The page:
Despite distractions that the team’s recent coaching changes presented, Appalachian State was dominant in its 45-13 victory over Middle Tennessee in the New Orleans Bowl on Saturday.
Interim coach Mark Ivy led the Mountaineers, who won the football game following the departure of coach Scott Satterfield, who left two weeks ago to become head coach at Louisville.
It was the Sun Belt Conference champions’ fourth straight bowl victory and their 11th win this season.
Here are five takeaways from the 32-point victory, the largest margin in the bowl's 18-year history.
Defense is still big deal
Appalachian State's defense allowed fewer than 20 points in its previous 10 wins, and that trend continued in its 11th win. The Mountaineers sacked Conference USA MVP Brent Stockstill six times and forced him to throw two interceptions. Defensive linemen spent much of the game in the Blue Raiders’ backfield.
A little trickery goes long way
Appalachian State offensive coordinator Shawn Clark had full control over the play-calling. The Mountaineers’ first two touchdowns came on passes from sophomore receiver Malik Williams, who now has three TD passes on five career attempts. The first one Saturday resulted in a 30-yard Thomas Hennigan catch. The second was a thing of beauty, as Darrynton Evans took the handoff, pitched it to Williams on the reverse. Williams found quarterback Zac Thomas open in the end zone for an 8-yard scoring catch.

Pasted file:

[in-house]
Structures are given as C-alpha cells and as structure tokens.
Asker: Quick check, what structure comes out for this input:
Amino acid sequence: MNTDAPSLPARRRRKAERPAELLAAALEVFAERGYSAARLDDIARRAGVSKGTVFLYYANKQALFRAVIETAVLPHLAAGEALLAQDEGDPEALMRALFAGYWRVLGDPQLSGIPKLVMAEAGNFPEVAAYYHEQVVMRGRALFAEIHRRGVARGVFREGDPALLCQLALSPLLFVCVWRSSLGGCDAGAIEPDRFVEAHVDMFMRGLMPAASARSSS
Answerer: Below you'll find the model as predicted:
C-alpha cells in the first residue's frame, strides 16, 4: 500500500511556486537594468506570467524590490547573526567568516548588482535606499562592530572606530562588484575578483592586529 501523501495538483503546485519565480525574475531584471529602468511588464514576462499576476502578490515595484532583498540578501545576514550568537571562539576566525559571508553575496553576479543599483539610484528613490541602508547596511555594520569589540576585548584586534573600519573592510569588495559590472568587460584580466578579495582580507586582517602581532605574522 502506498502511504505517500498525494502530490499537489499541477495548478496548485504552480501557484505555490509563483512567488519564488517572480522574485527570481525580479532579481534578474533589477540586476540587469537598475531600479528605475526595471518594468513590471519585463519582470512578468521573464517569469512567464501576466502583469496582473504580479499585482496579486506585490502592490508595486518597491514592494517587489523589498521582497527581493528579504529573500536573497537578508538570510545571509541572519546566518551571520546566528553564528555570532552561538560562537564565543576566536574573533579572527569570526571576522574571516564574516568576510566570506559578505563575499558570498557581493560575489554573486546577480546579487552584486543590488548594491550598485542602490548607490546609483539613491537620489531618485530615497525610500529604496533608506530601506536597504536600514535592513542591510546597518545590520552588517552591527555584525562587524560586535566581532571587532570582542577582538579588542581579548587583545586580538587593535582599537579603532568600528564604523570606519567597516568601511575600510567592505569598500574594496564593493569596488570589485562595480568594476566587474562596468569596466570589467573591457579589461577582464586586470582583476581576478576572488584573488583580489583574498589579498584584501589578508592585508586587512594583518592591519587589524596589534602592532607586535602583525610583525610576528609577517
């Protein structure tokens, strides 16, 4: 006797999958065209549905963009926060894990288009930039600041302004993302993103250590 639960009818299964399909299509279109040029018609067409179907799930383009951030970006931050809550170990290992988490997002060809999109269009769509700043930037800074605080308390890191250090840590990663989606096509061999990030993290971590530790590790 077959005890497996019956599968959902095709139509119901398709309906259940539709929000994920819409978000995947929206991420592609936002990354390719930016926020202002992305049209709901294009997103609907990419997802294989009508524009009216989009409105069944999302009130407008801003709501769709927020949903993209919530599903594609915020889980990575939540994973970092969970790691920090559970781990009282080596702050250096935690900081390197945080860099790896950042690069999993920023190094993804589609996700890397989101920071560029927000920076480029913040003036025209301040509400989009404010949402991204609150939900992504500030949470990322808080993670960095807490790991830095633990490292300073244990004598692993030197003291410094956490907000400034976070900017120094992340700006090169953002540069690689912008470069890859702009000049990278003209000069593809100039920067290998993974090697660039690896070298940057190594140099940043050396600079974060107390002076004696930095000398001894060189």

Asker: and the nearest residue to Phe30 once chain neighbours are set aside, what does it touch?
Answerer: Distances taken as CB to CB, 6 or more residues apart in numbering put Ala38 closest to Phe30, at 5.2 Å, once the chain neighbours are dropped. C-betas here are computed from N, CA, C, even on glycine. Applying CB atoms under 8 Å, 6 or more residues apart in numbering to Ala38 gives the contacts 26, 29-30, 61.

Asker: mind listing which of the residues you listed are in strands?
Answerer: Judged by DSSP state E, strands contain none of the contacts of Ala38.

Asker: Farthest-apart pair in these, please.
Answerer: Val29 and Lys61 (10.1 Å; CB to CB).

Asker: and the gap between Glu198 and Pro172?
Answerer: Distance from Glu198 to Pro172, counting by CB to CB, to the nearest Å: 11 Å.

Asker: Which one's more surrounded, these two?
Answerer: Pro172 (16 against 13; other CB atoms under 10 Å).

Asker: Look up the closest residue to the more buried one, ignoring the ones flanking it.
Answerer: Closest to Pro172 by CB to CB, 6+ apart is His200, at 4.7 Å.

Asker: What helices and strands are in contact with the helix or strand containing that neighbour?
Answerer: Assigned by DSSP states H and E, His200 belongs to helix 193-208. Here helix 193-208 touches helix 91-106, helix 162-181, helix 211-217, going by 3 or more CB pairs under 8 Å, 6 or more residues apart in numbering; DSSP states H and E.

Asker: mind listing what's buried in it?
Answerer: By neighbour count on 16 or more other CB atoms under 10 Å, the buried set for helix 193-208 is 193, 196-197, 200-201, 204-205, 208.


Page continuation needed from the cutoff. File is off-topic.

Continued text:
Big plays make difference
Appalachian State was impressive on the ground. The Mountaineers gained 233 yards rushing, good for fifth all-time in New Orleans Bowl history. Freshman Camerun Peoples had a 63-yard touchdown run and Evans scored from 62 yards - good for the third- and fourth-longest runs in the bowl's history. The team's 6.9 yards per carry is a New Orleans Bowl record, topping the previous mark of 6.67 by Troy in 2010. App State’s five touchdown passes tied another record.
Ivey said after the game that “size is great, but speed is the answer to being successful.” It might have been the understatement of the night. Middle Tennessee simply didn't have an answer for the Mountaineers’ speed on defense or offense, and never was it more evident than on People's 63-yard TD as he outran the Middle Tennessee defense. That run was just a glimpse into the 6-foot-2, 200-pound freshman's future
Mountaineers embraced challenge
It's been a challenging two weeks with the coaching changes, but Ivey appeared to have pushed all the right buttons. A former App State player and long-time assistant coach, he embraced the changes, allowing former coaches to address players as they left and assistants in new roles to take ownership.
Senior defensive tackle MyQuan Stout applauded Ivey’s performance: “I am nothing but happy for Coach Ivey. Coach Ivey recruited me and was my defensive line coach, and just to see how positive he was during these two weeks, I commend him for that. For him to stay positive, that is hats off to him for me.”
The Mountaineers will introduce new coach Eliah Drinkwitz at a news conference on Monday.